- Healthier appearance
Alcohol contains the same amount of calories as fat, and, depending on the type of drink, it can contain a lot of sugar. This, coupled with the late-night snacking or hangover junk food that often accompany a drink or two, can quickly affect a person’s health. By stopping drinking, hydration levels improve, skin looks tighter and more refreshed, and wrinkles won’t be as prominent.
- Better health
Cutting out alcohol will contribute towards weight loss, lower blood sugar levels and an improved immune system. A teetotaler will be able to fight common illnesses much more easily, and will probably have fewer headaches and heartburn caused by alcohol. Organs will begin to restore themselves, so the risk of liver complications and heart problems will be reduced.
- More energy
Abstaining from alcohol will not only improve your sleep cycle, giving you better sleep in terms of quality and quantity, it will also give you more energy. This will allow you to focus on doing the things you love, and will improve your overall wellbeing.
- Save money
While your body will be thanking you, so will your wallet. With an average weekly household spend of £9.10 on alcohol consumed at home, and another £8 being spent on alcohol outside of the home (according to a 2019 ONS survey), you are likely to be saving lots of money. Why not put back the money you would have spent on alcohol and save it for a treat for yourself at the end of the year?
“I caught sight of a better life without booze”
After making the decision to stop drinking alcohol, BBC Radio presenter Janey Lee Grace, 60, has become an advocate for sobriety. She is the author of Happy Healthy Sober – Ditch the Booze and Take Control of Your Life, and has her own podcast – Alcohol Free Life. She talks us through her lifestyle change, and how it has impacted her.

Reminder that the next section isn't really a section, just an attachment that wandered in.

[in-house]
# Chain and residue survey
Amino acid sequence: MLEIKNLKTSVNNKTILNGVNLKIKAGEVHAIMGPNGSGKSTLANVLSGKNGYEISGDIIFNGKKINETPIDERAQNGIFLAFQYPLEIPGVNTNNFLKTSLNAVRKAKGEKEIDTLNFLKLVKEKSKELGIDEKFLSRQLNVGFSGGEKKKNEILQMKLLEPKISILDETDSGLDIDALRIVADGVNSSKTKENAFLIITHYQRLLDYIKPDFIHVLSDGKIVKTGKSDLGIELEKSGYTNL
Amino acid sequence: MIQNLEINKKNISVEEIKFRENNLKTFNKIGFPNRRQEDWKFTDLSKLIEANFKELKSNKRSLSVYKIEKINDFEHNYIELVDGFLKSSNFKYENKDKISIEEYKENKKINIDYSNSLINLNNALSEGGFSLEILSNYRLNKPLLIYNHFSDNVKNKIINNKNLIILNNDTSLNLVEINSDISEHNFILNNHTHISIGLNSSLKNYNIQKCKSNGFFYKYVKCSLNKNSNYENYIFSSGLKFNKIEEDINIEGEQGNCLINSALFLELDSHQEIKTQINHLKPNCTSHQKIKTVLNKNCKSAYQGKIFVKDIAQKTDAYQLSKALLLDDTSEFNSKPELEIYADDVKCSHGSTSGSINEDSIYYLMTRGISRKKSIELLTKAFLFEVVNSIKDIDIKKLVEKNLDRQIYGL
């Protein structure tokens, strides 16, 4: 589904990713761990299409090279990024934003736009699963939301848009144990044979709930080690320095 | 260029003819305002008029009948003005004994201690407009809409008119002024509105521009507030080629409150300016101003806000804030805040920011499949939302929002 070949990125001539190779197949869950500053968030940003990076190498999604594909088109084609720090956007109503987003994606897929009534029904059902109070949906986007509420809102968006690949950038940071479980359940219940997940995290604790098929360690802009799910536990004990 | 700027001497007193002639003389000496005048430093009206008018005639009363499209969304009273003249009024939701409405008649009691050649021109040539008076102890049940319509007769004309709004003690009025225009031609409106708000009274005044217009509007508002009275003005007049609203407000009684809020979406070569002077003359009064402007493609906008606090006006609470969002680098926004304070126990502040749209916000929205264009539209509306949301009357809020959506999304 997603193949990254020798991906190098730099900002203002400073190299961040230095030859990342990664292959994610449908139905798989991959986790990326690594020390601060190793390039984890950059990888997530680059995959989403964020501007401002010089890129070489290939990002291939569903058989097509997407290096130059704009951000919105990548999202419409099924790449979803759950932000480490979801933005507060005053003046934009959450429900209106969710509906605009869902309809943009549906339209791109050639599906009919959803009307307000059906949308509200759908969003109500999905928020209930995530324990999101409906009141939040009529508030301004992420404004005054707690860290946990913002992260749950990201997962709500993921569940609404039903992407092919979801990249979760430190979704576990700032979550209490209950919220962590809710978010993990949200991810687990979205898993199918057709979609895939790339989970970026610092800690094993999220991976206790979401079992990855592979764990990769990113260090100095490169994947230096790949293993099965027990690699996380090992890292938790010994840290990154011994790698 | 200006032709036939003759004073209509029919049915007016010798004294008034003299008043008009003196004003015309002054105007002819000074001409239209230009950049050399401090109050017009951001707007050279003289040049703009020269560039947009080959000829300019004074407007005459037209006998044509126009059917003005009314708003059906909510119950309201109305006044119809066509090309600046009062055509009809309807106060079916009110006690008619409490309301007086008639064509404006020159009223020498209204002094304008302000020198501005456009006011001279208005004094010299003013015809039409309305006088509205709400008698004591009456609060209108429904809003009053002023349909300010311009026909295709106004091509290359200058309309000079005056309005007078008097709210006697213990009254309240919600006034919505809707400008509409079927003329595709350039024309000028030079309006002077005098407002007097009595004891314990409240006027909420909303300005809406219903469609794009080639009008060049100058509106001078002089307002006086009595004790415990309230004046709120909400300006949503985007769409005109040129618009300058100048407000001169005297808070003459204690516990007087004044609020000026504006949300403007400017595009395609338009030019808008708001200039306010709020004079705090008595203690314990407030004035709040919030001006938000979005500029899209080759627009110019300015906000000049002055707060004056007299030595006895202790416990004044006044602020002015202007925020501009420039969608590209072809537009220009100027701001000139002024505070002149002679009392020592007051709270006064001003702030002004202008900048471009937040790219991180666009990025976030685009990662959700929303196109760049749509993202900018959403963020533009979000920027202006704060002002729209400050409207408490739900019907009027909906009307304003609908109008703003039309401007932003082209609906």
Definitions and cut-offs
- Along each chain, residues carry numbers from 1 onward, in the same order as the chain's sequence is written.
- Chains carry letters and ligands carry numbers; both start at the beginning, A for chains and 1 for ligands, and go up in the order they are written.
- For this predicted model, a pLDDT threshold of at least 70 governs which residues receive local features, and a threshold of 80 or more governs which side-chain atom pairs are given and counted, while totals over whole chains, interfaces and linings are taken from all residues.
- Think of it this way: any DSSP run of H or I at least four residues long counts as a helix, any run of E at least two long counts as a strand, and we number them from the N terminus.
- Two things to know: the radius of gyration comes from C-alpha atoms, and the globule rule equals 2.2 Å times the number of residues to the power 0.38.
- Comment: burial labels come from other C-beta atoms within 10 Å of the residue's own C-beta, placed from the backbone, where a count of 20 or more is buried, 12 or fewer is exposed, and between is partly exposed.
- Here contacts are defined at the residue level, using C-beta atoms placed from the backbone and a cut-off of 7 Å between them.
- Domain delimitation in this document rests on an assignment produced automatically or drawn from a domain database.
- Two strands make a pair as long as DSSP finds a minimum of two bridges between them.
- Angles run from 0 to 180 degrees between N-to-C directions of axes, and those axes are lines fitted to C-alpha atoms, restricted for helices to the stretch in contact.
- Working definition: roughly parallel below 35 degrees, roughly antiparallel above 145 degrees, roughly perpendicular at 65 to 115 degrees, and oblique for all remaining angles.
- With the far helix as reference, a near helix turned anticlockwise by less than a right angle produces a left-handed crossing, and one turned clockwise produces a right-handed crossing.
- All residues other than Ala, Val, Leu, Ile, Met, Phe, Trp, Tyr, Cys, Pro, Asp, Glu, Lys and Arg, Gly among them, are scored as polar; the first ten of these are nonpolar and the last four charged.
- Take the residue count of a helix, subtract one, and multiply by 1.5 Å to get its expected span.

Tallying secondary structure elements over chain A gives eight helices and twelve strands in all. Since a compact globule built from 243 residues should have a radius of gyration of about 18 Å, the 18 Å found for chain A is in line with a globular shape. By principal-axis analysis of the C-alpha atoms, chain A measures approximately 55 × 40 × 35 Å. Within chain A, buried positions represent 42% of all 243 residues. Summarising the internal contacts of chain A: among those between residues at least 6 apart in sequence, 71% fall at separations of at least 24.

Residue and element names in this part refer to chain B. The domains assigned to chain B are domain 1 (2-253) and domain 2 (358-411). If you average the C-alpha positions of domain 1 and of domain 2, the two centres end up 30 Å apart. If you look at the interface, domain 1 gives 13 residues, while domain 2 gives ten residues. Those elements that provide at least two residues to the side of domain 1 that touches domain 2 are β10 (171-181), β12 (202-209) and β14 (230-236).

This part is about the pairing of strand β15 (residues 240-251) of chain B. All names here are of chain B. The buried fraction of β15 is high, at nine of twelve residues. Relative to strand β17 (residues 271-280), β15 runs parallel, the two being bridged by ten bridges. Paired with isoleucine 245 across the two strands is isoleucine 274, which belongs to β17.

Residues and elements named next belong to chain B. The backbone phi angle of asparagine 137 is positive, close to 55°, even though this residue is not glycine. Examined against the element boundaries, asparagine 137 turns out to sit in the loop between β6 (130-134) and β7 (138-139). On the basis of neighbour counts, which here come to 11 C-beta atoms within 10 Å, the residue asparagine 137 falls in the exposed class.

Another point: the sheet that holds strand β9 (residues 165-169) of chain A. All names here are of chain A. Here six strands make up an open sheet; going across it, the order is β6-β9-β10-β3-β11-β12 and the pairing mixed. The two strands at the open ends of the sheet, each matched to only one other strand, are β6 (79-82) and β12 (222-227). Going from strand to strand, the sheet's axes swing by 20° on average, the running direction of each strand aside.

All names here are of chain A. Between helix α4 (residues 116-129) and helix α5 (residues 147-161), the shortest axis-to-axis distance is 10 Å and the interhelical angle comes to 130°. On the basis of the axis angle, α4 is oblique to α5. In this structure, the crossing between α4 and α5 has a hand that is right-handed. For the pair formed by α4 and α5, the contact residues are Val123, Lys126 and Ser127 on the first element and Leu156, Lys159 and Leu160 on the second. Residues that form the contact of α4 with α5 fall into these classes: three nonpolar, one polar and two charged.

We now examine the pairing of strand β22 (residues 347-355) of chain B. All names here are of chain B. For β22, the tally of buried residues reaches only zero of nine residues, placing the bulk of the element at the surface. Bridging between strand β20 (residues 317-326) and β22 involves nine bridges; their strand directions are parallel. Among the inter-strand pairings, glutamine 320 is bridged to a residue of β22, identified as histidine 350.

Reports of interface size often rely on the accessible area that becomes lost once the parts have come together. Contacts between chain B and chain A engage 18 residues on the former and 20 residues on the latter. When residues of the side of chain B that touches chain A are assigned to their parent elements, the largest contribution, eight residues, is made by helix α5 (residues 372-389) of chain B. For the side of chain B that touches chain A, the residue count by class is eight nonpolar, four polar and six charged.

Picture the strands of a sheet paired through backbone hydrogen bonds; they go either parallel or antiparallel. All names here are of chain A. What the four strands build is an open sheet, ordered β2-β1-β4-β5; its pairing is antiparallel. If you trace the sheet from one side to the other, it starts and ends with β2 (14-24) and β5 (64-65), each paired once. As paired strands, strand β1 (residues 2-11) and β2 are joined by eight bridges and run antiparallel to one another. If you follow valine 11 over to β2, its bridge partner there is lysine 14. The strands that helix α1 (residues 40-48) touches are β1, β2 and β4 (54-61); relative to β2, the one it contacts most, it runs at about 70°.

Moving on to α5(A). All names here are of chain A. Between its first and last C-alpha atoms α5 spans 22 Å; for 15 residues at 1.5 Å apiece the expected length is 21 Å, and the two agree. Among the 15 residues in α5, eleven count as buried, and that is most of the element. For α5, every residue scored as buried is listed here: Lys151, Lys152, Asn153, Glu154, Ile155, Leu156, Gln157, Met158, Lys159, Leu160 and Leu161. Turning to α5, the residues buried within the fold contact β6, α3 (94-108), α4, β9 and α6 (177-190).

“I'd known for years that something was off. I didn't have a rock bottom moment; I was functioning fine, but I now know I was what we call a 'grey area drinker'. I didn't need rehab but I was certainly on the booze elevator going down! I was waking at 3am, berating myself for drinking too much, and knew something had to change. After reading The Sober Diaries by Clare Pooley, I decided to do Dry January in 2018. Somehow I managed to break through and catch sight of a better life without booze – and I never went back.
“For someone like me who doesn't have an 'off switch', moderation doesn’t work, so I stopped immediately. Instead, I started drinking great alcohol-free drinks to feel part of the social scene. We're lucky that there are so many amazing alcohol-free drinks available now. I have a mantra: 'Keep the ritual, change the ingredients’.
“Initially, it was hard because everything was 're-calibrating' – so there were mood swings, sleep was poor, I felt irritable and quite chaotic. But I immersed myself in 'quit-lit' and podcasts and started to realise I wasn't giving anything up – only gaining!
“There are way too many benefits to list. Physically, I actually feel as if I have got younger (a friend I hadn't seen in ages thought I'd had a face lift!). I am less bloated, my skin is better, my hair is shiny, I no longer get menopausal hot flushes… the list goes on. But mentally, well the difference is incredible. I hadn't even realised just how anxious a person I was – until I wasn't. I am now able to practise self-care, because I value myself. I have a sense of joy and optimism, and huge amounts of energy and enthusiasm.
“For people wanting to cut down on alcohol, my advice would be to nurture yourself in the early weeks: sleep, eat well, get fresh air – all the basics that we forget! Above all, get connected. They say the opposite of addiction is connection, which is why I started The Sober Club, to focus on health and wellbeing and self-care, underpinned by choosing not to drink; it’s totally non-judgemental.”